By JENNIFER DUNNING
Published: December 16, 1987
FOR many dancegoers, Mura Dehn is known, a little vaguely, as a woman who had something to do with film and black dancers. But the Film Forum is doing something about that, with a double feature consisting of ”In a Jazz Way,” a short film on Miss Dehn by Louise Ghertler and Pamela Katz, and a two-hour excerpt from ”The Spirit Moves: A History of Black Social Dance on Film,” a documentary by Miss Dehn. The program opens today for a two-week run at Film Forum 1.
”In a Jazz Way,” shot in 1985, offers a tantalizing look at Miss Dehn. It has the look of a documentary that originally had more ambitious things on its mind, but Miss Ghertler and Miss Katz do give us an undiluted dose of Miss Dehn, who died in February. We see her at her kitchen table, in her apartment in Washington Heights, reminiscing about her youth in Vienna and about her work recording and preserving the artistry of some of the great known and anonymous dancers of the Savoy Ballroom in Harlem.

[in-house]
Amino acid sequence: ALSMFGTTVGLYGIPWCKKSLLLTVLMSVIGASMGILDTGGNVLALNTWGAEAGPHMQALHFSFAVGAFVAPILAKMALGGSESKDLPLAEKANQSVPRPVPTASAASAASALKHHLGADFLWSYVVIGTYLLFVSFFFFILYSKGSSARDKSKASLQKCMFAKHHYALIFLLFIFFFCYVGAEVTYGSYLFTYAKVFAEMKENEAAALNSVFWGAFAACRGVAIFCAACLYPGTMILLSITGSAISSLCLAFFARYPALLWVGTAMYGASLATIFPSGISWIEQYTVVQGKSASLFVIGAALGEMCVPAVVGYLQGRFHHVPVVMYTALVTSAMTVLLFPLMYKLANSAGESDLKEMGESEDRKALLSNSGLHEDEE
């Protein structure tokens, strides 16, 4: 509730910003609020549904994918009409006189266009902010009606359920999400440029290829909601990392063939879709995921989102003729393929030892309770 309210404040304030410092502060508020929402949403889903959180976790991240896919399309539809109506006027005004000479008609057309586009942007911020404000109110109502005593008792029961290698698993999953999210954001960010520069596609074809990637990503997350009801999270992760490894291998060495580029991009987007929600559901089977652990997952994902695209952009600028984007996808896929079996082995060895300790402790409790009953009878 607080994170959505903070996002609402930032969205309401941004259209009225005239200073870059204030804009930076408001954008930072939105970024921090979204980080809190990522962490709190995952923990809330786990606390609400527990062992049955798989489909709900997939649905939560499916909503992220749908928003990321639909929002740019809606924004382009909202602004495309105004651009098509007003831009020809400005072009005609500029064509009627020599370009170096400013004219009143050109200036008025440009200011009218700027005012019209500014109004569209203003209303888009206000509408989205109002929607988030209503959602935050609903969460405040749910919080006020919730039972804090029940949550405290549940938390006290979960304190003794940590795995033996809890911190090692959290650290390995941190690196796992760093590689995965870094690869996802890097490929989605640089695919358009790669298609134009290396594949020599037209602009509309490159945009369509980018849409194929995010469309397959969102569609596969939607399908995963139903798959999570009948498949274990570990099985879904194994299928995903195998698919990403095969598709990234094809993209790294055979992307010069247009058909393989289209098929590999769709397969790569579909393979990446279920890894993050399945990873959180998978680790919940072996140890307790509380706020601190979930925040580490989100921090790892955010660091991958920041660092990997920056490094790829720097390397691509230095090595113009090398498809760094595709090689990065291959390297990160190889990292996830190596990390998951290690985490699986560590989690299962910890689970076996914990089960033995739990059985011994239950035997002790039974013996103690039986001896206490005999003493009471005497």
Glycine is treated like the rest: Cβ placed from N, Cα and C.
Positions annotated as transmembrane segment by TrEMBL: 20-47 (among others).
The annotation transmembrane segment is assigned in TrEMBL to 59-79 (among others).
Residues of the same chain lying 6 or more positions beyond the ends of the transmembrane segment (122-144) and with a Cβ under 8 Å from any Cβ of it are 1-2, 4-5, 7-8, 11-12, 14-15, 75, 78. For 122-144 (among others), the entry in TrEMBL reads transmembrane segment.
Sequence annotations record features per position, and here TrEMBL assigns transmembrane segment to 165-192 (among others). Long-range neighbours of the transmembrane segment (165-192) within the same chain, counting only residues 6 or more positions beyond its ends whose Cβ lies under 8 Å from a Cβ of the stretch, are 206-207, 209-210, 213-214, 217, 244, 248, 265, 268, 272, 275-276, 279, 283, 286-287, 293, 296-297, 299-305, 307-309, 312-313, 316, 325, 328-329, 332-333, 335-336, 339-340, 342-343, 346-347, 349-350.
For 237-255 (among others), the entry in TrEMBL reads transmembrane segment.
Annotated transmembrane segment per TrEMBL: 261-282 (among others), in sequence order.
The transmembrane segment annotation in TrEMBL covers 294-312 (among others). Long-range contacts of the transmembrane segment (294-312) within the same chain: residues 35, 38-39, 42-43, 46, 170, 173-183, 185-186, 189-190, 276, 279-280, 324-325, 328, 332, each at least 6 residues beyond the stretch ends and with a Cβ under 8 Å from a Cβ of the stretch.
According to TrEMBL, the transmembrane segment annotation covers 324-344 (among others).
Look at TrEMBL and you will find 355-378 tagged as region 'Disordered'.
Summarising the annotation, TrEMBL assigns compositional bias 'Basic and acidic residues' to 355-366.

Schooled in the dancing style of Isadora Duncan, Miss Dehn had been exposed to jazz in her native Russia, but she became a jazz fan when she met Josephine Baker in Paris in 1925. Judging by old film clips of her own work, Miss Dehn made fascinating use of jazz idioms to create her own unusual form of concert dance. She arrived in New York in 1930. ”I wanted to come home,” she says, ”to be within my own land of dance. I was waiting to come.”
Read more: Mura Dehn, Dancer, As Subject and Chronicler – NYTimes.com.
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